The region is geographically isolated, but so too are its people – isolated from the narrative.

There are fewer than 150,000 people living in Karabakh (today almost exclusively ethnic Armenian).

There are tens of thousands of Azerbaijanis exposed in farmsteads and villages along Azerbaijan’s side of the so-called line of control. And in Armenia, there are thousands of villagers close to the border with Azerbaijan.

We are talking about the people not wearing military uniforms – all vulnerable to the heavy weaponry now being deployed.

They are the civilians referred to in a daily headcount of casualties, or those who have escaped with their lives but have seen their homes peppered by shrapnel, roofs blasted off, or walls reduced to masonry rubble.

They are those who have endured the threat of all-out war for decades, living through sporadic cross-border violence, mortars, missiles and sniper fire, making it often impossible to go out and farm their fields in safety.

And they are the hundreds of thousands of Azerbaijanis and Armenians suffering from the trauma of exile. As many as a million people are refugees or internally displaced people from the inter-ethnic conflict over Karabakh in the 1990s and the ghastly pogroms in the Azerbaijani SSR as the Soviet Union was collapsing.

Reaching Karabakh and the people who live in and around it was never easy. The pandemic has deterred newsrooms from dispatching journalists to travel.

Now their human stories risk being drowned out by officialese. A sterile terminology thrives, the language of security bloc acronyms and geopolitics, spouted by presidents and ministers, spokespeople, and us, the reporters too.

The international media focuses its attention once again on the fighting, but it is a conflict for now largely seen and read through official tweets, Facebook posts and emails.

We watch through cameras mounted on military drones and hilltop high magnification lenses. The videos depict tanks, anti-aircraft defences and personnel carriers disappearing in puffs of smoke.

Young recruits barely out of school are human beings too, but pixelated or hidden inside this war machinery.

Monopolised messaging

Some claims are a distraction. Azerbaijan says foreign fighters are assisting Armenian forces. Armenian officials claim Syrian mercenaries are already imposing Islamic law in Azerbaijani villages.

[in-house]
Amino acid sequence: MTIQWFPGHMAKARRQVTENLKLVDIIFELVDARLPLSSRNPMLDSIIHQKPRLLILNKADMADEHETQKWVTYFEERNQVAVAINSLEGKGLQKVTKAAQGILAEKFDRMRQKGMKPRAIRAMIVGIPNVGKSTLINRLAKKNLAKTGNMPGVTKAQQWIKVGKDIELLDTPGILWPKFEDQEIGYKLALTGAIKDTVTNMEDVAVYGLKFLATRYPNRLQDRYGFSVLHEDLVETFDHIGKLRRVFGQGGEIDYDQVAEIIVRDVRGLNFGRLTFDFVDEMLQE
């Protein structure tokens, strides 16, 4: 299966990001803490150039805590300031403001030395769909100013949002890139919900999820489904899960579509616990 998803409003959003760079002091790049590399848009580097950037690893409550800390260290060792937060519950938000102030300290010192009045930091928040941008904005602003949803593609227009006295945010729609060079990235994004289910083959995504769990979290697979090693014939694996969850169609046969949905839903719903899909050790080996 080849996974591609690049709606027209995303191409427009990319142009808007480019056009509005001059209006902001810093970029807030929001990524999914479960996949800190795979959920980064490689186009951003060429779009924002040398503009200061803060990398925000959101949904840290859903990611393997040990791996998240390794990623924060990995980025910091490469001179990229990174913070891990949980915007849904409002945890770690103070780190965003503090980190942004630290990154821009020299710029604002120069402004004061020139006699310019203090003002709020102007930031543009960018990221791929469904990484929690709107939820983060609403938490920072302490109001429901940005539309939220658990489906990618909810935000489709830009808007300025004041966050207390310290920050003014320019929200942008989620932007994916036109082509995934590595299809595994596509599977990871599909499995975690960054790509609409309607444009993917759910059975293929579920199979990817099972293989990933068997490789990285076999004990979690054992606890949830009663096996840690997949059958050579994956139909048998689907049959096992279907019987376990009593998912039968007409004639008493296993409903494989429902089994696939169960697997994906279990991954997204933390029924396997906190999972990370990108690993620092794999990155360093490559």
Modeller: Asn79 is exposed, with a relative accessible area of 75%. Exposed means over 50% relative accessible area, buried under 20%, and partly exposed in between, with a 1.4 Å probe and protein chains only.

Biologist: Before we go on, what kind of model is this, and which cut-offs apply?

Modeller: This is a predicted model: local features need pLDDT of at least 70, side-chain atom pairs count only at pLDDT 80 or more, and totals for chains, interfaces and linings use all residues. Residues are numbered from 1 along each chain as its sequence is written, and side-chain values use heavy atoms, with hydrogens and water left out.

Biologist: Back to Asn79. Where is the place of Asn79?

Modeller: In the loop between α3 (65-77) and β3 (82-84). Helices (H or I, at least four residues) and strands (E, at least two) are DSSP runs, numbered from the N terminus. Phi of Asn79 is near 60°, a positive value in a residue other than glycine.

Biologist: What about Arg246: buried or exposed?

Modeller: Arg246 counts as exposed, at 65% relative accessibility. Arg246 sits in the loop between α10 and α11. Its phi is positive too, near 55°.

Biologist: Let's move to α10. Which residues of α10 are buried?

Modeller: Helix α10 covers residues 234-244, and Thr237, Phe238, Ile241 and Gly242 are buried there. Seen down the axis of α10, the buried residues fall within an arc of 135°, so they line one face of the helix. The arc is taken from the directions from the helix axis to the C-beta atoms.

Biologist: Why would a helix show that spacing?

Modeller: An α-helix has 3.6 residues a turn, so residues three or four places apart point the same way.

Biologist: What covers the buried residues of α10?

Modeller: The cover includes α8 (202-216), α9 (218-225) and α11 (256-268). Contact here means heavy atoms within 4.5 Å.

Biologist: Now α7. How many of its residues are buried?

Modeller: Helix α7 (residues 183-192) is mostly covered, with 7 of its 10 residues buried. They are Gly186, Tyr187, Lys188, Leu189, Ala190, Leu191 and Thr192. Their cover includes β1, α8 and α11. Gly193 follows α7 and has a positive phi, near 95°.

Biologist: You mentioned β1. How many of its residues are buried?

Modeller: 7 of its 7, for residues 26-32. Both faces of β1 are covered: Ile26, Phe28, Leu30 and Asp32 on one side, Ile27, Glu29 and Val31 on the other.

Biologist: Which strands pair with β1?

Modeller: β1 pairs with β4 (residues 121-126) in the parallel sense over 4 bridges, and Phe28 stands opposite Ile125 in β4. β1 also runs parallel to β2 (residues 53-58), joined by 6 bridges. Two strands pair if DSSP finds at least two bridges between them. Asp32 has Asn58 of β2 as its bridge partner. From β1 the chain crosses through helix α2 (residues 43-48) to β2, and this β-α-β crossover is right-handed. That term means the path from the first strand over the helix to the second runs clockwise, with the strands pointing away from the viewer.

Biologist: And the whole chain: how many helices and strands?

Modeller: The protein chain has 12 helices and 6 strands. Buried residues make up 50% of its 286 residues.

At the time of writing, fewer than 48 hours since the latest fighting began, none of it – yet – is independently verifiable.

Official sources have monopolised the messaging. And internet restrictions in Azerbaijan have stifled conversations between its citizens on social media.

Much of the official messaging seems vainglorious – Azerbaijan’s defence minister describes the liberation of occupied lands as a “sacred duty”.

An Armenian tweet shows a pious priest brandishing a Kalashnikov.

Controlling the narrative and the media obscures the human suffering. The pandemic, the geography and the information war make it all the more difficult to penetrate the isolation of Nagorno-Karabakh.

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Engine Media Provides Update on Acquisition of Allinsports – Canada NewsWire

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TORONTO, Sept. 28, 2020 /CNW/ — Engine Media Holdings, Inc. (“Engine” or the “Company”; TSX-V: GAME; OTCQB: MLLLF) announces that it continues to work towards closing of the previously announced acquisition of Allinsports (see press releases of April 22, 2020 and August 10, 2020). The Company has advised the shareholders of Allinsports that all closing conditions of the transaction have not been satisfied – the shareholders of Allinsports have advised the Company that they believe otherwise.  The parties continue to discuss resolution of these matters.  Further updates will be provided as they become available.

About Engine Media Holdings, Inc.
Engine Media is focused on accelerating new, live, immersive esports and interactive gaming experiences for consumers through its partnerships with traditional and emerging media companies. The company was formed through the combination of Torque Esports Corp., Frankly Inc., and WinView, Inc. and trades publicly under the ticker symbol (TSX-V: GAME) (OTCQB: MLLLF).  Engine Media will generate revenue through a combination of: direct-to-consumer and subscription fees; streaming technology and data SaaS-based offerings; programmatic advertising and sponsorships; as well as intellectual property licensing fees.  To date, the combined companies have clients comprised of more than 1,200 television, print and radio brands including CNN, ESPN, Discovery / Eurosport, Fox, Vice, Newsweek and Cumulus; dozens of gaming and technology companies including EA, Activision, Blizzard, Take2Interactive, Microsoft, Google, Twitch and Ubisoft; and have connectivity into hundreds of millions of homes around the world through their content, distribution and technology.

Cautionary Statement on Forward-Looking Information